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  • Tracy N. Coley

An Indelible Love

For Kelli —

My cousin Kelli lost her oldest child Mitchell last week. Mitchell was nearing his 25th year, a miracle that his family never took for granted with each year of his life.

By all accounts Mitchell was a happy young man. His smile cupped two beautiful blue eyes beaming with sunshine. He was not a complainer, never asked for much, was always content to listen. And he held all secrets told him in confidence, making him a steadfast friend to many.

Despite the cerebral palsy that bound his body for almost a quarter of a century, Mitchell was full of life and love. He couldn’t speak the words “I love you” to his mom, but she knew how he adored her. And he knew her unconditional love that enveloped him every day of his life. I think Mitchell also knew how much he was loved by his dad Matthew, sisters Kamryn and Shayne, Grandma Arlys, his dogs Tycen and Vinny, and all who had the honor of knowing him.

Mitchell used his disability as his superpower. His love and kindness outshined his physical and verbal challenges and melted hearts everywhere. There is a big hole in the world where Mitchell was, but the imprint he left is indelible.

Mitchell was a year older than my Bekkah, and our children’s collective special needs diagnoses drew a natural bond between Kelli and me. When we lost Bekkah on a beautiful spring day nine years ago today — the time since has been both fleeting and stagnant — Kelli was one of the first family members to reach out to me. Like me, she fought hard to keep her child alive. Having a medically fragile child is a road fraught with uncertainty. While we always know there’s a chance anything could go wrong on any given day, to have them survive the most difficult days to only be lost on the least extraordinary day is heartbreaking. Like me, she lost her child when she was away. My heart breaks for Kelli and her family because I know their journey ahead. There are so many conflicting emotions, as the what-if scenarios ebb and flow through the fog of days forever changed, when muscle memory of daily intensive care presents a painful reminder of loss and a different daily routine, a new unrequested freedom.

In the nine years without my sweet Bekkah, I’ve ridden the waves of grief, knowing somehow that tomorrow will bring a better day. In the darkest days that come without warning, grief has pulled me into the undertow and tossed me about in the sand amongst the broken shells of heartache, with my sorrow as fresh as the day I lost Bekkah. The last couple of years has been particularly difficult with every loss from our family. Some days I wonder when the loss will stop, when will the lifeline be thrown and we’re allowed to cruise into the sunset without heartbreak.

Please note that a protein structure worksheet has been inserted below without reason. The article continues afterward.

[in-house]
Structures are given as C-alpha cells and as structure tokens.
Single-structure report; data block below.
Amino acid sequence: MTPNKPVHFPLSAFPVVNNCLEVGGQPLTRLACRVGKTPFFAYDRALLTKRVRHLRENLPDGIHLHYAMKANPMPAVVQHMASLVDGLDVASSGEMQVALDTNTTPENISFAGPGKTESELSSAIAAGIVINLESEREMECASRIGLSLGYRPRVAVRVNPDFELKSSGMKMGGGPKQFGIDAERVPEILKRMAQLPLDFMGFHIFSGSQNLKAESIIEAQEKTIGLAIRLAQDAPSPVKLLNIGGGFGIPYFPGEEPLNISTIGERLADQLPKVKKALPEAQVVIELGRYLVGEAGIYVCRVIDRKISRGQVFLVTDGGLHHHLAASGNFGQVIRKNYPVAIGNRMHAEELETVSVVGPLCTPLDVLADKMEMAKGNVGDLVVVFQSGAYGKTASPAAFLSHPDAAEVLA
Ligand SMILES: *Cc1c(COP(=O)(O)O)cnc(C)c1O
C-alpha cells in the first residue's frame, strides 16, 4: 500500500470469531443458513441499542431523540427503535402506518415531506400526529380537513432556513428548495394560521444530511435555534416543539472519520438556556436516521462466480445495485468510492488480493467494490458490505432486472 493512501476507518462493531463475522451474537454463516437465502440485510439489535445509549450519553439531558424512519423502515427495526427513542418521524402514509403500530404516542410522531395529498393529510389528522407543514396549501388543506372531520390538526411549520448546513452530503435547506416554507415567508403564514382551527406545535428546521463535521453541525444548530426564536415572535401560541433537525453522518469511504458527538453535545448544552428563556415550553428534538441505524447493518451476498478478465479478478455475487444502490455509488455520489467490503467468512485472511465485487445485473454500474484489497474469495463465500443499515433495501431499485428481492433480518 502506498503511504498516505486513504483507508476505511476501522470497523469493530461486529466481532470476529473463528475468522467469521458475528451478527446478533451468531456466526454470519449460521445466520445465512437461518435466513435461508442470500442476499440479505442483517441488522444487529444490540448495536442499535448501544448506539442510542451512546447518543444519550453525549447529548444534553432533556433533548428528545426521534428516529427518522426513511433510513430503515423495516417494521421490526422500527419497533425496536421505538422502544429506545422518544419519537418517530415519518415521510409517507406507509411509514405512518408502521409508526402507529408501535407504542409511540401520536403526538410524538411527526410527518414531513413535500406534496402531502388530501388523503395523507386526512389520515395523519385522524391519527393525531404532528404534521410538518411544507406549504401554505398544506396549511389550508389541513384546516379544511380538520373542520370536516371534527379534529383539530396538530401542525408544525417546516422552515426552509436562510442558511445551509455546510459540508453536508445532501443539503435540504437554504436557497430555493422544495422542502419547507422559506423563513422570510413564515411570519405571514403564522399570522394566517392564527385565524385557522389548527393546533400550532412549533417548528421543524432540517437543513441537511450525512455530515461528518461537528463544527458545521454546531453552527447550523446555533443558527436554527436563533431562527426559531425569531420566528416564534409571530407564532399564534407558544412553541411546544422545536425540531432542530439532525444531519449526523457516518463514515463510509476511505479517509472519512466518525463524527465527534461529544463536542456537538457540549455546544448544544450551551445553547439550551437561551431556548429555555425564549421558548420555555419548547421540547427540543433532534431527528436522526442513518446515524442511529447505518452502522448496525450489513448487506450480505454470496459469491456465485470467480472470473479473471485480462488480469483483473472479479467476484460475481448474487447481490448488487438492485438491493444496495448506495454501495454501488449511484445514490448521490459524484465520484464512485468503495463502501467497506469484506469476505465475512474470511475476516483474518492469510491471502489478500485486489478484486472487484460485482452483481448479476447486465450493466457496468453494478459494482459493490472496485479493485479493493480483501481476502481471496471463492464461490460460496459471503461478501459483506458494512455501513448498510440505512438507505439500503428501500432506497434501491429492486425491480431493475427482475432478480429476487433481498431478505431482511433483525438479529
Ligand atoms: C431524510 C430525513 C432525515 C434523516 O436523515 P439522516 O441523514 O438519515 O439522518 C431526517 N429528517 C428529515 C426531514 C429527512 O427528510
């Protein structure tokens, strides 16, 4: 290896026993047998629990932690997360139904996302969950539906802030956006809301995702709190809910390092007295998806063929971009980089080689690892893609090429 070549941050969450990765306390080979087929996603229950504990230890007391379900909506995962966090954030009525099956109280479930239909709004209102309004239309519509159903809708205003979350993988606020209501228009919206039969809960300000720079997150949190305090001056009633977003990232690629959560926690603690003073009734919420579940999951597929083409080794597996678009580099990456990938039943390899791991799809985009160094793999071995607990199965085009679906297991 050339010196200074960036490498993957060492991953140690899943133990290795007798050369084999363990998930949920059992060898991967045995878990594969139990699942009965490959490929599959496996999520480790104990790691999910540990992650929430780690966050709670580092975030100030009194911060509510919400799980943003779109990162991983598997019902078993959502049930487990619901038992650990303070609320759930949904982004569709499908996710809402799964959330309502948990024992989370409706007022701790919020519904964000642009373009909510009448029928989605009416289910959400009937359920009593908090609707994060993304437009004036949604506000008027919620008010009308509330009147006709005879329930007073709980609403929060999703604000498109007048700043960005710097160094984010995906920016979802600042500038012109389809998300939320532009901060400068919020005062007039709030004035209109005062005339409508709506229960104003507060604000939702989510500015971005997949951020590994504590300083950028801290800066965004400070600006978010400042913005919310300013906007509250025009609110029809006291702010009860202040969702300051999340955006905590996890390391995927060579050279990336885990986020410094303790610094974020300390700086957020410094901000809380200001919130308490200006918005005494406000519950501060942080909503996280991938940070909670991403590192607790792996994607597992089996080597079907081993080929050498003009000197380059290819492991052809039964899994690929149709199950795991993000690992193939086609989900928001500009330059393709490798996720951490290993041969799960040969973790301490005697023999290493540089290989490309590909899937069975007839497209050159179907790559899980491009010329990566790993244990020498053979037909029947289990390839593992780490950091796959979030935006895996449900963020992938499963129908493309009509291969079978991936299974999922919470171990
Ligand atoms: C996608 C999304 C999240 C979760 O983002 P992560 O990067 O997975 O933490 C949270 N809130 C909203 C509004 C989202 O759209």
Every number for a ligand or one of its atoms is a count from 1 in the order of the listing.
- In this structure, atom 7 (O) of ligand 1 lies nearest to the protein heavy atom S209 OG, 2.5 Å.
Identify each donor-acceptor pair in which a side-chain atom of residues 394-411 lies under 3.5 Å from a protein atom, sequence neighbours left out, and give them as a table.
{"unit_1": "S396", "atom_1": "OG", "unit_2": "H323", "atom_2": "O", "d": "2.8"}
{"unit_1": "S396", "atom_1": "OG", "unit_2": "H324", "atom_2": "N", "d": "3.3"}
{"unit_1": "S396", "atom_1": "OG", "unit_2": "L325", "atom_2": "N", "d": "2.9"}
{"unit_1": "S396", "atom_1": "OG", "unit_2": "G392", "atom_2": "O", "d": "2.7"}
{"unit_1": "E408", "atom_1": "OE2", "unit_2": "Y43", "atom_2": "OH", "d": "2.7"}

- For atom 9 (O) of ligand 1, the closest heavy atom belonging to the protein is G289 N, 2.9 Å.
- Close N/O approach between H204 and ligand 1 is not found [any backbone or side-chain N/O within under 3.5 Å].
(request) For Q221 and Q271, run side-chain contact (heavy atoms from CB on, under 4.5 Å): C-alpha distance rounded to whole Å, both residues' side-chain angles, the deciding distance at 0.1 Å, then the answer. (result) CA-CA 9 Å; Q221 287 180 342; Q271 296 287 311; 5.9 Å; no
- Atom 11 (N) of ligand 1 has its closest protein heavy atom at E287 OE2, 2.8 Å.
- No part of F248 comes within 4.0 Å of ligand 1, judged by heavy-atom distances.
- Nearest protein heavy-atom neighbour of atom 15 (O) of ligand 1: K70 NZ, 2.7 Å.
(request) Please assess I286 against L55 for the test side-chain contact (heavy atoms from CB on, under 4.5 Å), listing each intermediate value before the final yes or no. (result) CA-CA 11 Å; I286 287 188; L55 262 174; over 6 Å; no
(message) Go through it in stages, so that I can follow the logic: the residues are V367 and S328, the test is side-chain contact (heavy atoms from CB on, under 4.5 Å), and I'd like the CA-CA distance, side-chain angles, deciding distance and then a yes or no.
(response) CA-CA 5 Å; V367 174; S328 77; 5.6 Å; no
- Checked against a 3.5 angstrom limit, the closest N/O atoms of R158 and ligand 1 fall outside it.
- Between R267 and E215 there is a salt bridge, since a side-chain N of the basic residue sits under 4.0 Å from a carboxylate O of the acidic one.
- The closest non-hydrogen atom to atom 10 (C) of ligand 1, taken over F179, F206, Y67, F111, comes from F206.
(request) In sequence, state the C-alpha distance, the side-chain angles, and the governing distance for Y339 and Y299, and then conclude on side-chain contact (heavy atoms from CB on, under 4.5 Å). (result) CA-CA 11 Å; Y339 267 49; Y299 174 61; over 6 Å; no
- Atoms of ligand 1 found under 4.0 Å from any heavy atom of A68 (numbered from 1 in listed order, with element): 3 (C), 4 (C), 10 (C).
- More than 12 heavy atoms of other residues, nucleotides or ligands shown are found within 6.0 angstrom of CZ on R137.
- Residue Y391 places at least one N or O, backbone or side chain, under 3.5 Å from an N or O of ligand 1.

But humans are not immune to loss and suffering; the cycle of life is something we are all required to endure. Death has brought me to the intersection of grief and faith and challenged me to think in terms of everlasting love, both the Divine love of God and the kind of love that remains within me from those who’ve died. What returns me from the undercurrent of grief time and again is the love from family and friends who extend an understanding lifesaver of grace and time to catch my breath. For the moment, I am deeply grateful to be above the sea of grief, taking a deep inhale of peace before the next wave.

Kelli, my prayers are innumerable for you and your family. Among them, I pray that Mitchell remains a part of you, not gone, but simply in a different place, accessible by thought. I pray that Mitchell visits you in your dreams with unhindered body, contagious laughter and words that fill your hearts with peace. I pray for every tear that falls, a smile emerges with a beautiful memory of the young man who was —is — pure love and who remains with you.

And I pray that Mitchell and Bekkah are dancing together in an unforgettable heavenly family reunion with their grandpas and aunt and uncles and all we’ve lost in the last two years.



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